## BSE SENSEX – Week Ending May 10, 2013

May 10, 2013:

I do not see any chances of there being a bubble in the BSE SENSEX Index at this time. Seems quiet…

 Figure 1

Figure 1 produced with C++ code. BSE SENSEX Index. Six year window of data. Every data point is a new week. Every peak in the market is represented by a red vertical line.
1. May 12, 2008 – followed by a 22.8% drop
2. October 12, 2009 – followed by an 8% drop
3. December 27, 2010 – followed by a 13.7% drop

 Figure 2

Figure 2 produced with C++ code. BSE SENSEX Index. Seven year window of data. Every data point is a new week. Every peak in the market is represented by a red vertical line.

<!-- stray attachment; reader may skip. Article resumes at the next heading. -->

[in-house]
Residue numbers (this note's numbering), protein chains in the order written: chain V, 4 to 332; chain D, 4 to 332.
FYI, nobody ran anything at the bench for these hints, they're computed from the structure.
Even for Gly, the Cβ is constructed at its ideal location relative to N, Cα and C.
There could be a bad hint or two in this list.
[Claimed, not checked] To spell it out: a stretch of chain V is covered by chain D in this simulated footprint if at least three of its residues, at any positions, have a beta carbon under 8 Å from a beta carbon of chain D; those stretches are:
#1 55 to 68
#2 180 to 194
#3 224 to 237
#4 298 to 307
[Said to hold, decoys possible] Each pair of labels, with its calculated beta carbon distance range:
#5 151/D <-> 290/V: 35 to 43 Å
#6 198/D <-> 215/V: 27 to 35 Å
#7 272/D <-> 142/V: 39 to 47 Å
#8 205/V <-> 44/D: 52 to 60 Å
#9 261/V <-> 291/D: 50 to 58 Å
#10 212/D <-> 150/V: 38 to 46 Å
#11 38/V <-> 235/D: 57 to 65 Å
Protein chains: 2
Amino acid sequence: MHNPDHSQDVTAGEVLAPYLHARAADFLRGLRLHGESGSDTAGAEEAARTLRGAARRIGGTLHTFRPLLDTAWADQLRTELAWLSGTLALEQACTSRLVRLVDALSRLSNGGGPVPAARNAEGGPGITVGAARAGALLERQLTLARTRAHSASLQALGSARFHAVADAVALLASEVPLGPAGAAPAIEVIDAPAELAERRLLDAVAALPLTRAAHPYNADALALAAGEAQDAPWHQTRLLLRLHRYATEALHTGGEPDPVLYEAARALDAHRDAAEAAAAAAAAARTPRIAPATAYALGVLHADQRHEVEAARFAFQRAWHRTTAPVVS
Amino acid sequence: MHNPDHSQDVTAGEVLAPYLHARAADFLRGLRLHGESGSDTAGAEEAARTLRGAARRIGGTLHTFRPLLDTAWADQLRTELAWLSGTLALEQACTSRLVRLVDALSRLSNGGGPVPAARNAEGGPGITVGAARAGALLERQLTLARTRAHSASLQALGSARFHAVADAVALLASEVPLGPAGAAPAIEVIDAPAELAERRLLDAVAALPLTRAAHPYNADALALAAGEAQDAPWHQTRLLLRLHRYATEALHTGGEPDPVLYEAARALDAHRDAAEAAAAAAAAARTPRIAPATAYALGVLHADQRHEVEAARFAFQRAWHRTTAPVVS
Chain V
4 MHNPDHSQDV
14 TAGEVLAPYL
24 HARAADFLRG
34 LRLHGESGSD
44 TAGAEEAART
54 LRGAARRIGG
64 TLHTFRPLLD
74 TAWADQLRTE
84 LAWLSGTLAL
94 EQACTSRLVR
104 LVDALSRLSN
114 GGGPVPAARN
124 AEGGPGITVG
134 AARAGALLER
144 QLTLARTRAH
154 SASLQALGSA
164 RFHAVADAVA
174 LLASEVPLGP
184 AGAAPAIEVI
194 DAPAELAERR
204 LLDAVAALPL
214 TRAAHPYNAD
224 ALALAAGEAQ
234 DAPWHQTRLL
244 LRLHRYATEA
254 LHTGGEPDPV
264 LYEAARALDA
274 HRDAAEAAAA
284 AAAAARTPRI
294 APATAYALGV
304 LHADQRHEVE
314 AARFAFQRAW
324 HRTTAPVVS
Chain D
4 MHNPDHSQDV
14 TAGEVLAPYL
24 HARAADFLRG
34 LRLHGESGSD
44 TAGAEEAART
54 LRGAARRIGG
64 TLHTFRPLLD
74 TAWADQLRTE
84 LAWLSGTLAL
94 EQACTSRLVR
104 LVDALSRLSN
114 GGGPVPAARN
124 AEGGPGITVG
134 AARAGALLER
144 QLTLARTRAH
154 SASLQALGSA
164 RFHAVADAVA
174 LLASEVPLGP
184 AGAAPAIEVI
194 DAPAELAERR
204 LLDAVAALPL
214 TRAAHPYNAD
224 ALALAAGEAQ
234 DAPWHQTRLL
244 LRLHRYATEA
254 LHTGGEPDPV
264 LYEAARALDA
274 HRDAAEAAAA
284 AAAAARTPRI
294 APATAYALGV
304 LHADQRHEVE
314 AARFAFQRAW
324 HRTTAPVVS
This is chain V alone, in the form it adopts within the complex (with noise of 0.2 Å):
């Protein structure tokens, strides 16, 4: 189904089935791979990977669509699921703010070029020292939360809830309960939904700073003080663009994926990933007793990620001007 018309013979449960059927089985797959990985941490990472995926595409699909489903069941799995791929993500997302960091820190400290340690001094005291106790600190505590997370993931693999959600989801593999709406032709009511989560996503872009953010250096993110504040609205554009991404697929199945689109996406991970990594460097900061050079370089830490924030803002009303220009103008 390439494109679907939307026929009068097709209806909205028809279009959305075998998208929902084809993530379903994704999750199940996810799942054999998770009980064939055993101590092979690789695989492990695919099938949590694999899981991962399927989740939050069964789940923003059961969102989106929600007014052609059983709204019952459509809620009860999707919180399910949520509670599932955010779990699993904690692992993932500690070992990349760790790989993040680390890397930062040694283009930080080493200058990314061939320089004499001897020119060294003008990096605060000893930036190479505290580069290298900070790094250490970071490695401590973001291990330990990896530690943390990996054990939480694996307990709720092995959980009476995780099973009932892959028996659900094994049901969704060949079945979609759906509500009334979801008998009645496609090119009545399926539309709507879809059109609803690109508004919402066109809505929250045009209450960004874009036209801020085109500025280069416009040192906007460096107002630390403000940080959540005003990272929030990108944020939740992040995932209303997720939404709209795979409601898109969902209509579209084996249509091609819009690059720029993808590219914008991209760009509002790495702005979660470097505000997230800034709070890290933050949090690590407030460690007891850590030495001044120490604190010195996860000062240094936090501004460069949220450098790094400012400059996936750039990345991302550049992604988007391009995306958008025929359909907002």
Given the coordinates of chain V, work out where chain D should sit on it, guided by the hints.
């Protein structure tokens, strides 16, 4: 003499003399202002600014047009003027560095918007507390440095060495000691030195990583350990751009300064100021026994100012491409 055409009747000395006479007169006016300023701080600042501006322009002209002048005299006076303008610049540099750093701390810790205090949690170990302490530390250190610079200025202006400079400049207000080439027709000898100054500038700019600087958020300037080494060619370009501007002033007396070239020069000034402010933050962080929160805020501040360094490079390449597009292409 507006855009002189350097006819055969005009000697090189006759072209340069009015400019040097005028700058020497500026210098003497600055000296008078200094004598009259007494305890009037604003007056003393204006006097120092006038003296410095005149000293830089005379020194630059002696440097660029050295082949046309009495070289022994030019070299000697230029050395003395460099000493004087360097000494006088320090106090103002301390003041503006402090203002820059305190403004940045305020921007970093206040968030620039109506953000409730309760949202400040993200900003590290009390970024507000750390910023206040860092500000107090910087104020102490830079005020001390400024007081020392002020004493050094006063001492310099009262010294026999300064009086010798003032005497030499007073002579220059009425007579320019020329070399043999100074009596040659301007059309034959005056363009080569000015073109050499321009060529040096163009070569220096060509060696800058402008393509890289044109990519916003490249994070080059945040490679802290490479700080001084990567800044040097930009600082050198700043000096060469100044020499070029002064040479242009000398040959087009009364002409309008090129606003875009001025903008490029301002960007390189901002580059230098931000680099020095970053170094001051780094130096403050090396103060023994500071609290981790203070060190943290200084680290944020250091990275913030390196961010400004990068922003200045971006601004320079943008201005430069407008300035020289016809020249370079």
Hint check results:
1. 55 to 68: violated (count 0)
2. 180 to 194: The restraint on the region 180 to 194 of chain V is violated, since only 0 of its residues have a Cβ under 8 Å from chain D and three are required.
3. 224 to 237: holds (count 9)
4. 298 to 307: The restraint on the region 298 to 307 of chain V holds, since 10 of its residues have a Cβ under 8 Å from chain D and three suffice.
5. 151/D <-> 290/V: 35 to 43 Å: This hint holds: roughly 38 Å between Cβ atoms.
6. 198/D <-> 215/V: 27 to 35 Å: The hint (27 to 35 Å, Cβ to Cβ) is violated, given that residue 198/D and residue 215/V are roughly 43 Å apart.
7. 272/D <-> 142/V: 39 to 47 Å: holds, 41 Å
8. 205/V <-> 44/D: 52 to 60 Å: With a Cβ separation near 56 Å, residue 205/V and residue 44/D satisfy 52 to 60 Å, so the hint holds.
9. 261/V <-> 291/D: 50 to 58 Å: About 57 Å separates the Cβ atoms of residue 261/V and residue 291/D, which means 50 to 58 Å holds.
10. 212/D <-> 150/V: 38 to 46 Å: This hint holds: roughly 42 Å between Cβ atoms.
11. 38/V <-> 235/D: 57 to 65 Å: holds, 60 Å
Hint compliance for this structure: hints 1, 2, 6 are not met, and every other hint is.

1. January 7, 2008 – followed by a drop in excess of 28%
2. October 12, 2009 – followed by an 8% drop
3. December 27, 2010 – followed by a 13.7% drop

## Nikkei – Week Ending May 10, 2013

May 10, 2013:

I do not see any chances of there being a bubble in the Nikkei Index at this time. Although, there appears to have been a recent bubble.

 Figure 1

Figure 1 produced with C++ code. Nikkei Index. Seven year window of data. Every data point is a new week. Every peak in the market is represented by a red vertical line.
1. June 24, 1996 – followed by a 23.2% drop
2. May 20, 2002 – followed by a 35.7% drop
3. September 29, 2008 – followed by a 34% drop
4. March 29, 2010 – followed by a 20% drop
5. March 12, 2012 – followed by a 16.7% drop

 Figure 2

Figure 2 produced with C++ code. Nikkei Index. Six year window of data. Every data point is a new week. Every peak in the market is represented by a red vertical line.
1. May 1, 1995 – followed by a 15% drop
2. November 18, 1996 – followed by a 18% drop
3. September 17, 2001 – exact bottom of downturn (or perhaps related to Sept. 11, 2001)
4. March 29, 2010 – followed by a 20% drop
5. March 12, 2012 – followed by a 16.7% drop